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Eyes wide open – Negombo’s Magical Waterways

Eyes wide open – Negombo’s Magical Waterways

By Juliet Coombe

I step onto a boat excited to see wildlife so near such a bustling happening city, as Negombo once just a small little fishing hamlet is today an exciting destination in its own right with HSBC fashion shows and contemporary are exhibitions. Each turn took us from one section of the Hamilton Canal to the other, watching birds dive into the waves we created behind us, as we cut our way through the colourful boats I had visions of more distant and dreamlike places such as Murano in Venice. We are in search of adventure with Hassanta our Jetwing naturalist guide, with a friendly grin and a few ideas up his sleeve.


The Negombo lagoon, though not like the one evoked by Jetwing Lagoon hotel restaurant’s name, is vast and varied and will take you to a host of different sights, ranging from the solitude and beauty of the natural mangrove plantations, resplendent with wildlife, to busy canals where fishermen were busy mending their nets and are preparing to embark on their next expeditions and view us like creatures from another distant universe as we accidentally ram one of their boats, though fortunately not causing damage and made the children from the surrounding houses rush out to see us. I also learn that the curious looking dead floating foliage stick like rafts dotted around the lagoon are manmade habitats for attracting crabs and fish for the fisherman.


At one point we passed by what looked like a prison camp, complete with barbed wire and high watchtower, and as I contemplated the ease with which one might escape from such a poorly sighted and maintained military camp, I hear that it is actually a prawn farm and protected due to the very high value of its delicious stock. Further along we see large fishing vessels painted in brilliant hues of reds, azure blues and orange and displaying the nazar, an elaborately painted eye that protects against, by looking straight into it, the evil eye of envy that wishes misfortune on others and is considered by many to be the most insidious force in the world. For the fisherman it is protection against the unpredictable seas and size as I discover does matter, the larger the trawler the bigger the eyes as often these boats go out to the high seas for weeks on end.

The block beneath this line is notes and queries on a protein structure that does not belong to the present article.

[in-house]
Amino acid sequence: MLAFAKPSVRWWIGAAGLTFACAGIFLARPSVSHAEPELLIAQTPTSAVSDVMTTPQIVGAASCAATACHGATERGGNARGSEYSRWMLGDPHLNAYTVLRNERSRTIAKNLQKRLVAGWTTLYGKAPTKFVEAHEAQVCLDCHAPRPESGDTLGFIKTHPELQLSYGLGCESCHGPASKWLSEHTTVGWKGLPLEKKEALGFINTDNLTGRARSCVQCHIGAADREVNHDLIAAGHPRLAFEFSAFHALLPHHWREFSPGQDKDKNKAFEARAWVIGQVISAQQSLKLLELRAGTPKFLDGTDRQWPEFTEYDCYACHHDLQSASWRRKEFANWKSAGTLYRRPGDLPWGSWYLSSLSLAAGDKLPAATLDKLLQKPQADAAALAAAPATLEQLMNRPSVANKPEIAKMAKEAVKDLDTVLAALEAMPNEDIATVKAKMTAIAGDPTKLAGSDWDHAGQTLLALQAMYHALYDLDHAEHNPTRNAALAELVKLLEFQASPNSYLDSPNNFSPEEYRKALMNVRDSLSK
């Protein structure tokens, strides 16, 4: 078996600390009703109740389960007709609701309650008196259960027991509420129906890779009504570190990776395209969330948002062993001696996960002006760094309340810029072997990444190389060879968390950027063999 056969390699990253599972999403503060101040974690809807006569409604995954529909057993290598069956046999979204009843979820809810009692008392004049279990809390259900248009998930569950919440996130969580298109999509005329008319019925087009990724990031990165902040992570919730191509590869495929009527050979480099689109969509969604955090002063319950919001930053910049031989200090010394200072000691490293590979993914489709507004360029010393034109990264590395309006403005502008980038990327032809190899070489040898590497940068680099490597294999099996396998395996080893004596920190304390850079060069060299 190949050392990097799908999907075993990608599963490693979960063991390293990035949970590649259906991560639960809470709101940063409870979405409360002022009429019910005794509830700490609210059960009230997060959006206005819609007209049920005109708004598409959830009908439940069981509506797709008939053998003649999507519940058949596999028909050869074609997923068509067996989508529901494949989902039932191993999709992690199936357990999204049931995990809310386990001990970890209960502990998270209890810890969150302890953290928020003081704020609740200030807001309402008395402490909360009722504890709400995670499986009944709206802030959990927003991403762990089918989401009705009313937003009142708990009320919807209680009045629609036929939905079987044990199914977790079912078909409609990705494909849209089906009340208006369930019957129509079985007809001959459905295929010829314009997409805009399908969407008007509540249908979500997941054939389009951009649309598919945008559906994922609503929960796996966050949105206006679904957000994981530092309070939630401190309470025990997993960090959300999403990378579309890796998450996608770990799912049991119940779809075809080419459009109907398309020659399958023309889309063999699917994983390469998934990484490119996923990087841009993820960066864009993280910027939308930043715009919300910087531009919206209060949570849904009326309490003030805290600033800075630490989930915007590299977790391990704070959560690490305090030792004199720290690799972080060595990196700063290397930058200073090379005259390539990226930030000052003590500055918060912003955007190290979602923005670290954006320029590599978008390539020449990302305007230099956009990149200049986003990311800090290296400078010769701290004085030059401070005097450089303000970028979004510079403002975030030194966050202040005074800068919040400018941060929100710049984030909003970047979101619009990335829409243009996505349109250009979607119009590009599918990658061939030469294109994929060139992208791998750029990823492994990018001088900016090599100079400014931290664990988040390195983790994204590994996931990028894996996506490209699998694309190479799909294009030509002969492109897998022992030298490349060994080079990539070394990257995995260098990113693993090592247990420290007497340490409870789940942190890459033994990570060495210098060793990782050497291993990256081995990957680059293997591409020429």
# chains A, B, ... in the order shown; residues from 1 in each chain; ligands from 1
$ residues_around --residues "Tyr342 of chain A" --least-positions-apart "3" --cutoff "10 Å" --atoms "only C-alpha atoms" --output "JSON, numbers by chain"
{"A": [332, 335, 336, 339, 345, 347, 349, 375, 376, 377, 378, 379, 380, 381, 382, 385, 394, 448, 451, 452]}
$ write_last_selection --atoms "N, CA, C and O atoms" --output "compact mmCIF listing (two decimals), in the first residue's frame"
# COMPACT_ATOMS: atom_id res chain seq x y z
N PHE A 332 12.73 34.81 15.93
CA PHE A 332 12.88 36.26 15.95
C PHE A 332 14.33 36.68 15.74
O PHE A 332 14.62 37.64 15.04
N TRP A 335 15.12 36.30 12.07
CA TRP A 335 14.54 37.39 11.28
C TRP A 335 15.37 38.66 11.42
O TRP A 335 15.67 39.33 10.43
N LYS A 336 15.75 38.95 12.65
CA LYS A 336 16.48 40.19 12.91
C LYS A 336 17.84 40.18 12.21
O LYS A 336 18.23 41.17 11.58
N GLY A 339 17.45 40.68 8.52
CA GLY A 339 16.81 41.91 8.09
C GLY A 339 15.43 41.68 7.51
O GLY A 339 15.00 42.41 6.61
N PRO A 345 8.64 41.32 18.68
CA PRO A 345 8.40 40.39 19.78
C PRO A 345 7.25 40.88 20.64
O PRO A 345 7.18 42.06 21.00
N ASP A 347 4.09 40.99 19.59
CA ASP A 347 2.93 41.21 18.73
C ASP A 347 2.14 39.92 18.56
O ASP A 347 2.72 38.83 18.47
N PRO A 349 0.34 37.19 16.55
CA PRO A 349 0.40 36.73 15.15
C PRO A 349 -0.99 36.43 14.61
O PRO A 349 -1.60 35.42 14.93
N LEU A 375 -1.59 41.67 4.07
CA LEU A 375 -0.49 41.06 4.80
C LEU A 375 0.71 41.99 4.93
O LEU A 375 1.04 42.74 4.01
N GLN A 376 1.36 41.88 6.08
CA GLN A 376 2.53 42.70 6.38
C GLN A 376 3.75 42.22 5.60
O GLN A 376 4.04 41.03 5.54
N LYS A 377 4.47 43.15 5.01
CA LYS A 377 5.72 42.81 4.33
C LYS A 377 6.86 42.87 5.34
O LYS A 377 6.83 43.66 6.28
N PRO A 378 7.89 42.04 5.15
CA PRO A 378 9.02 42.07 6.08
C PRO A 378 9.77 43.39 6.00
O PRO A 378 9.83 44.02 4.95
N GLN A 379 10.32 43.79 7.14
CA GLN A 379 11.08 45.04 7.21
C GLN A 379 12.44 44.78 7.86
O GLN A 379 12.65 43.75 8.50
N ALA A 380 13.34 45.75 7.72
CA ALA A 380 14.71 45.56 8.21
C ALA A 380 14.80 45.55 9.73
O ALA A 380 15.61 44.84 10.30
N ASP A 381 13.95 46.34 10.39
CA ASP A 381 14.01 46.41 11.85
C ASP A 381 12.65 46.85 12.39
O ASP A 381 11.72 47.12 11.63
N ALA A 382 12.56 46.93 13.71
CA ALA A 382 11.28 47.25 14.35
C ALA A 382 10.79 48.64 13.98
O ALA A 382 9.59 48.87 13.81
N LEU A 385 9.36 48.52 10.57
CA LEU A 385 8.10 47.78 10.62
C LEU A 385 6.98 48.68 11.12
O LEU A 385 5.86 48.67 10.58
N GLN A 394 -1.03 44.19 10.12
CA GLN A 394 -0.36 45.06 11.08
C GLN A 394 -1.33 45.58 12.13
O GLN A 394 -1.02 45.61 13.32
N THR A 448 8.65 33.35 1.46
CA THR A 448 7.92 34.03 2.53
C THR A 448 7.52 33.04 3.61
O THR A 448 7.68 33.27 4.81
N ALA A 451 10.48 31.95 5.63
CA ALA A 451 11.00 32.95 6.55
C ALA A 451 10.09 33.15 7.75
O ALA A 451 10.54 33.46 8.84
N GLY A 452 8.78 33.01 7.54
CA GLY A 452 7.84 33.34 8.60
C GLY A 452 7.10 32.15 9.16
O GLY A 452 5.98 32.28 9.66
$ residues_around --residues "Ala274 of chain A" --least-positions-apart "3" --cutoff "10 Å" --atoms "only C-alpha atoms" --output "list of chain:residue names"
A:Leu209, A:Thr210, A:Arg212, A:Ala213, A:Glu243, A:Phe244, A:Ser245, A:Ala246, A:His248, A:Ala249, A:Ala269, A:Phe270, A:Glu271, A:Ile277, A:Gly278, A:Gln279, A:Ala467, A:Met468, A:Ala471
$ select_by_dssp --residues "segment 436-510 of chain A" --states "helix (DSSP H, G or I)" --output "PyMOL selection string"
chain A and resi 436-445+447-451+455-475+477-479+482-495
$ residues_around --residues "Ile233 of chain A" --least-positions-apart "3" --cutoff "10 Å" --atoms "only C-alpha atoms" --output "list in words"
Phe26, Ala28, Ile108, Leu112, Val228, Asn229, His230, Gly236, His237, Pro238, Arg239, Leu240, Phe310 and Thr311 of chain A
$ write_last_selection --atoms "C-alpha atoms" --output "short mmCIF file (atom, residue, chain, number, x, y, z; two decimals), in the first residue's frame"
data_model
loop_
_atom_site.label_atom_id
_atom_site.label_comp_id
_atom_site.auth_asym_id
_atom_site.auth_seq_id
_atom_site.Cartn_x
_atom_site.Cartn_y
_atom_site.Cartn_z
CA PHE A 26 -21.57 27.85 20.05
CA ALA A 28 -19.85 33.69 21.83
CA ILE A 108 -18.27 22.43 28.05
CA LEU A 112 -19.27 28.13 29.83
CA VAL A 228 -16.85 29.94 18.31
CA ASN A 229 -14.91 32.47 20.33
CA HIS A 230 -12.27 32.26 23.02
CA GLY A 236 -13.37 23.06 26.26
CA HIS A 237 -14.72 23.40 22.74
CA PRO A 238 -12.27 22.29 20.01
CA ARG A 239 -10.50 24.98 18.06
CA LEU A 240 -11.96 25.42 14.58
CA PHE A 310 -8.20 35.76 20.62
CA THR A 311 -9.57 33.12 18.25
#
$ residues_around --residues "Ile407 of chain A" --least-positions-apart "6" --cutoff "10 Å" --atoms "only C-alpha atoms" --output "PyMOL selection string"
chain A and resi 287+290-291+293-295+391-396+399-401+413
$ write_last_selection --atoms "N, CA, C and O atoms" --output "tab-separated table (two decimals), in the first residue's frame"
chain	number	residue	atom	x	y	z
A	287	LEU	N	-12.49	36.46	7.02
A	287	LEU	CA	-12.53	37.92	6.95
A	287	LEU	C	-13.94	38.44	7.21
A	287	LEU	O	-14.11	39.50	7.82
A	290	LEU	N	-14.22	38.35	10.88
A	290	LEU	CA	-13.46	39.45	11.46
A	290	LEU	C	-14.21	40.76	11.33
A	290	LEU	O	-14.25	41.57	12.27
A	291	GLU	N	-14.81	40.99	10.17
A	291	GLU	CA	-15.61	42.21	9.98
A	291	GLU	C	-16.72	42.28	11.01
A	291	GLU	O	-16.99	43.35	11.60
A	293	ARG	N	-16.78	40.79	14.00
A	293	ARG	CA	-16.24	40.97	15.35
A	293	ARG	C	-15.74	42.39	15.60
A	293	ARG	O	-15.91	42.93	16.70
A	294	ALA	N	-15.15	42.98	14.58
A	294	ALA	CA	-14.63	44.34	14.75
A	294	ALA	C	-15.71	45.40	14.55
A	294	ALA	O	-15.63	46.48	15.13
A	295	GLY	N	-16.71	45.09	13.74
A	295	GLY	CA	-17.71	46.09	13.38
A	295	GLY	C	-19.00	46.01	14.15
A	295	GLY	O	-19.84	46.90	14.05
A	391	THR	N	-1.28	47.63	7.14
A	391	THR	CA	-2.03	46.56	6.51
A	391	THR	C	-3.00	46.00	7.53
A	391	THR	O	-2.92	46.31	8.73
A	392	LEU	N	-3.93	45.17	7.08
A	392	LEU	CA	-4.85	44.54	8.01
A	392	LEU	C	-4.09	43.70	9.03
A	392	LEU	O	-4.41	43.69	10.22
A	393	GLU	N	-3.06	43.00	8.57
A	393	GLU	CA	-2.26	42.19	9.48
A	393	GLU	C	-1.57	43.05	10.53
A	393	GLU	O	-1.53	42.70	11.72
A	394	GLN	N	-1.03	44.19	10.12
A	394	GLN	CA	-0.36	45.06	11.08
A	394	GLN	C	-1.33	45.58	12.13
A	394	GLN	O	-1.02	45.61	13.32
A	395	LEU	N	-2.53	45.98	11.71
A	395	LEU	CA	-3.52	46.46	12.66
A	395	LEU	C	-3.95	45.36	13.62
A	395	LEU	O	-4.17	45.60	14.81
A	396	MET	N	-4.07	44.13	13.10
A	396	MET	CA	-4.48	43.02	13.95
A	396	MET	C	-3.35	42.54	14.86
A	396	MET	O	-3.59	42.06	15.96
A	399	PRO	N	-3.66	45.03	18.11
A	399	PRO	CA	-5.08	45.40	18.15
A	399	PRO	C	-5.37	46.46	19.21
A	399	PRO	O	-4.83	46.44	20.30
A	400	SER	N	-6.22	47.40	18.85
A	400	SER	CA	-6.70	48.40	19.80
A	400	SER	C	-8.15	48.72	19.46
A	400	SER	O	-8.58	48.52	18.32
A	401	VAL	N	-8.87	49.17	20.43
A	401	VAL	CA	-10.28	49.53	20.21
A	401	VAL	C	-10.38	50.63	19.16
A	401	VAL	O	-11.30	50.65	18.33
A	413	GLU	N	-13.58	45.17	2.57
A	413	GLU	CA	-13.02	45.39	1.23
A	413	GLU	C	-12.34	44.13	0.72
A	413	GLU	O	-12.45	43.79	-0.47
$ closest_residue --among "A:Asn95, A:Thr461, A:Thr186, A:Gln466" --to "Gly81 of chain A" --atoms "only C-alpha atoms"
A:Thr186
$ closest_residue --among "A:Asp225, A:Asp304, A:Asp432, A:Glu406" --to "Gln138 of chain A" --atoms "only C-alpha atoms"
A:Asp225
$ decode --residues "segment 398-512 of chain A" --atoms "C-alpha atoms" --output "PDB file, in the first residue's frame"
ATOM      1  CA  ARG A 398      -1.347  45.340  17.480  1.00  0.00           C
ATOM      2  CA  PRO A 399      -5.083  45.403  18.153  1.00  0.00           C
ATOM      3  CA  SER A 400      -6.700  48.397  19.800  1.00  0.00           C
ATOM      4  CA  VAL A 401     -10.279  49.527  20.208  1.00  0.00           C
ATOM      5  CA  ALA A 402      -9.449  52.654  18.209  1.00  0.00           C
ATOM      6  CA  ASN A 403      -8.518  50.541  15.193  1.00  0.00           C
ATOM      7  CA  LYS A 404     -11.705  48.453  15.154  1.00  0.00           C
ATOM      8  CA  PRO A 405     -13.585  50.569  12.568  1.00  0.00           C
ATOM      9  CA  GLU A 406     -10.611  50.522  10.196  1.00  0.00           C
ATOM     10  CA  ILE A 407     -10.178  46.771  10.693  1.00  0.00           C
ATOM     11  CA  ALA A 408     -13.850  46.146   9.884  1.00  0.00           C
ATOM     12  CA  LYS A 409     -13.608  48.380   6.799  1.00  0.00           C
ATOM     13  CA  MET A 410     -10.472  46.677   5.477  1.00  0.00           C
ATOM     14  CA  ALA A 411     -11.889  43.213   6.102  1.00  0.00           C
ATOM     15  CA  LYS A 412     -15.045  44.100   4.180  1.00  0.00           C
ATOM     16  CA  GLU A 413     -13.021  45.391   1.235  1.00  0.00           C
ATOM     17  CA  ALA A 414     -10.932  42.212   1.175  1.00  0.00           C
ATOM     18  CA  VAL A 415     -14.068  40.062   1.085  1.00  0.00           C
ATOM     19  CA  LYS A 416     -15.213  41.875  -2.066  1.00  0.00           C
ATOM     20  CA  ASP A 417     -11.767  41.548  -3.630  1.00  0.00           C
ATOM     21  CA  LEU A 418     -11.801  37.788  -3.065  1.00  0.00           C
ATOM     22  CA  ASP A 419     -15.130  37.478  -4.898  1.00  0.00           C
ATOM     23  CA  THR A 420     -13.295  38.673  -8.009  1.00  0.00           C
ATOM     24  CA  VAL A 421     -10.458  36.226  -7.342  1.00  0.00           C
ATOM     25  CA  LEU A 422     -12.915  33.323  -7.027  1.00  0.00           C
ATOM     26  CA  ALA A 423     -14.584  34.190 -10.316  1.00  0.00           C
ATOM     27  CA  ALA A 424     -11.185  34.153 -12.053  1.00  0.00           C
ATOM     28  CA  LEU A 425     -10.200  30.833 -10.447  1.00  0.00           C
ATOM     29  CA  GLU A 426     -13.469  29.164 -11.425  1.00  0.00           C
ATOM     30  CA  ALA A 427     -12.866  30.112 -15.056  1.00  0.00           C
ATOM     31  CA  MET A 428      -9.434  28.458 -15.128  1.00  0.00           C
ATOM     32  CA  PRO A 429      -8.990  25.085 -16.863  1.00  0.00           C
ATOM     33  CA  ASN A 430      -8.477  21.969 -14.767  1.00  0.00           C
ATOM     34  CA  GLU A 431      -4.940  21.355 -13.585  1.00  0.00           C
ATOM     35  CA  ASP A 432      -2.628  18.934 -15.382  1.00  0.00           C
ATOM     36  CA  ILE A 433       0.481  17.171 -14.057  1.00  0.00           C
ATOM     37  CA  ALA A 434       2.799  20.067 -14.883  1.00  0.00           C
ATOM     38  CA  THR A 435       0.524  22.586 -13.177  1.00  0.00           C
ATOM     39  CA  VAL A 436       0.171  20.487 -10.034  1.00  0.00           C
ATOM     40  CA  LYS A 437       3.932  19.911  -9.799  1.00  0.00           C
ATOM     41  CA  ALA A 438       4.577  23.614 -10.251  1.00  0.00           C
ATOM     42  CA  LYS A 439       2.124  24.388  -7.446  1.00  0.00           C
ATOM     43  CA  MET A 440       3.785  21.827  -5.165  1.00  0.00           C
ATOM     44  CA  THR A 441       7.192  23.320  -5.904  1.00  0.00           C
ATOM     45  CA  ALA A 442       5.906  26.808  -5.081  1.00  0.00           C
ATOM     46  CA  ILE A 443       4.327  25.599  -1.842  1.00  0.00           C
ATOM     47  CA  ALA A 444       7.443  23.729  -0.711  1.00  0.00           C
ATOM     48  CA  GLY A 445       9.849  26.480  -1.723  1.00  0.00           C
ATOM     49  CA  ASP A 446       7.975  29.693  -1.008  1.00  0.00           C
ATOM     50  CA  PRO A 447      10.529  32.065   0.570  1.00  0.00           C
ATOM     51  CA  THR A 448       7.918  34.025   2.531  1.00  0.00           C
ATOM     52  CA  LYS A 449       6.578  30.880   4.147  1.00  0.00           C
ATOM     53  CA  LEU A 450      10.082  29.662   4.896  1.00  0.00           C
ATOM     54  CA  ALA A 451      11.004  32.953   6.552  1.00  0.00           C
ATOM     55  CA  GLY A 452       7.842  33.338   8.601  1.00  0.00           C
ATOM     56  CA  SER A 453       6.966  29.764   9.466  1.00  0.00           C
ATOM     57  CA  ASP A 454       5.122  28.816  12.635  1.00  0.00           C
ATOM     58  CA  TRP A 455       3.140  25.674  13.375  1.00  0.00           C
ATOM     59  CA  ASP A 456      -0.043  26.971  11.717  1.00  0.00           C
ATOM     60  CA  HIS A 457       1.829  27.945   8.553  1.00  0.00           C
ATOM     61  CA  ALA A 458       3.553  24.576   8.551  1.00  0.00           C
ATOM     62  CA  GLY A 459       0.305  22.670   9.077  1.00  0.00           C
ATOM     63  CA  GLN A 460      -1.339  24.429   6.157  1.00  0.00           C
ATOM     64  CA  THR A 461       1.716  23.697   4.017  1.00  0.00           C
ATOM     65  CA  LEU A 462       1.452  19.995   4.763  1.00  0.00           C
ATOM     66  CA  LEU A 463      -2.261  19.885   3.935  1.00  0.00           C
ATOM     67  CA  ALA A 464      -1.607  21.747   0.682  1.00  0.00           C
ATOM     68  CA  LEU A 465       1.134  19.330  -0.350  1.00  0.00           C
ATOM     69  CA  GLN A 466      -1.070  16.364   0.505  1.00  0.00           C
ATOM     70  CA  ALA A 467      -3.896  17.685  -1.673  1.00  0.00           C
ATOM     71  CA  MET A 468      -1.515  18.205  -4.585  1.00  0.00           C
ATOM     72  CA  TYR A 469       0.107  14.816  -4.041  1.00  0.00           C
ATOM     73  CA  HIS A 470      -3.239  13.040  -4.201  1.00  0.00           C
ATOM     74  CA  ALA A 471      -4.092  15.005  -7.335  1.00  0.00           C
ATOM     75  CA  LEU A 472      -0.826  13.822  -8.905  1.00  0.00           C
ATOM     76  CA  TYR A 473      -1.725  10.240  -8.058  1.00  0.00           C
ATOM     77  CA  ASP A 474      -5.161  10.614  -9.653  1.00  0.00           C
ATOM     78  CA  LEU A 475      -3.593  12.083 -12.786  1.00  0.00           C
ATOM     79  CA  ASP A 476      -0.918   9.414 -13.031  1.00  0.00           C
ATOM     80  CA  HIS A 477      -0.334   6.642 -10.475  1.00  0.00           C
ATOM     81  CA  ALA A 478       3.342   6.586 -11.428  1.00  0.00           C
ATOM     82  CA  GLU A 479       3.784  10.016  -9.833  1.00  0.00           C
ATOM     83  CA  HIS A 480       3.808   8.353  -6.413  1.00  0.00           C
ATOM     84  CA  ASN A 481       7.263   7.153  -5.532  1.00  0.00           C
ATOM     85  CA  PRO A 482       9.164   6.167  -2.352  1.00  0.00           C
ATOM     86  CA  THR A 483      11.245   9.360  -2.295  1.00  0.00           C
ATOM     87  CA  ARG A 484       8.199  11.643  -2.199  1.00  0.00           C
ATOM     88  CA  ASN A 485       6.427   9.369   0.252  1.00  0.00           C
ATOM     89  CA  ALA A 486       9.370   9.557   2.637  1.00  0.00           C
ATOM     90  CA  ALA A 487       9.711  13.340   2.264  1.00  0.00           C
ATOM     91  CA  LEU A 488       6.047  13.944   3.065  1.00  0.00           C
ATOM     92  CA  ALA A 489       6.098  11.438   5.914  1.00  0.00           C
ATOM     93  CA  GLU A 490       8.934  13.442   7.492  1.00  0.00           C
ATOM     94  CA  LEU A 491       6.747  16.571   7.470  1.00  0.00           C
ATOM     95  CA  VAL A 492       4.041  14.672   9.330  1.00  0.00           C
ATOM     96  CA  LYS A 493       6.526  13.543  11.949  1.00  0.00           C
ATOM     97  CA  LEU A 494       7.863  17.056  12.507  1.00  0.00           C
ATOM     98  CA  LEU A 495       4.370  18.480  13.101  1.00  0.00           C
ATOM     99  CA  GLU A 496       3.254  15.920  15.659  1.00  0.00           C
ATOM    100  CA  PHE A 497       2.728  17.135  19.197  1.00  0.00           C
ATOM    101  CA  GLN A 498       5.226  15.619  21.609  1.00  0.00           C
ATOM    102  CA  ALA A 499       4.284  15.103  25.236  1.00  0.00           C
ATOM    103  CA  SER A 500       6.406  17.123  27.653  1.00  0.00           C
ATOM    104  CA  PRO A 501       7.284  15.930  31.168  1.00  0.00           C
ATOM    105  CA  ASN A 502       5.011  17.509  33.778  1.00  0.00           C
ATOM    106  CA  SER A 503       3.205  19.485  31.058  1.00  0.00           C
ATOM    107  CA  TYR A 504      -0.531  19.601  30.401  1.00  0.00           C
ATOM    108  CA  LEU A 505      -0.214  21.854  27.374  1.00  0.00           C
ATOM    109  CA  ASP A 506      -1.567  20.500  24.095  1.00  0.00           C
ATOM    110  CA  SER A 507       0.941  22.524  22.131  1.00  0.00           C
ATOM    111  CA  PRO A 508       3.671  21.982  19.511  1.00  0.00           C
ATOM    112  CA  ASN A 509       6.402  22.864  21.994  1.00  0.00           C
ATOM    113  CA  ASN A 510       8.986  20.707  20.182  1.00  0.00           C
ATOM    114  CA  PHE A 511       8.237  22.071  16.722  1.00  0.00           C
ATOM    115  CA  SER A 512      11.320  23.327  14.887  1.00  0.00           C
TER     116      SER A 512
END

For those that stay at home and wait for their bounty, we found, scattered along many of the banks of the northern reaches, small fish and crab farms made from square wooden cages with nets. Sadly for one snoozing owner, a heron picked out a huge fish from one of the enclosures and made off with it, in its inimitable prehistoric fashion, all beak and jagged limbs, missing only a bloodcurdling screech as it triumphs over its hapless prey.


At the other end of the lagoon we see great edifices of Negombo erected to the great glory of God along the edges of this town of hundreds of wonderful temples, churches and mosques, rich in tradition, the spirit of cooperation and looking outwards for the greater good. We alight from the boat to look around a fish farm and later a walk in the old quarter known as Negombo Fort, where simple Catholic shrines have Old women sitting outside them with skin is as weathered as the dried karawala fish they lay out and cover in salt crossed themselves before closing yet another dried fish deal. A delicacy enjoyed by the fishing and rural folk through out the island. Watching them as you walk along the main frontage gives one a real incite into how these people live carrying huge whicker basketfuls of deep sea fish risking their lives on the ocean daily for this salty delicacy and playing card games between tots of arrack or the local moonshine. Here time stands still and there is no nicer way than to discover Sri Lankas beautiful wildlife and real Negombo living than from a boat.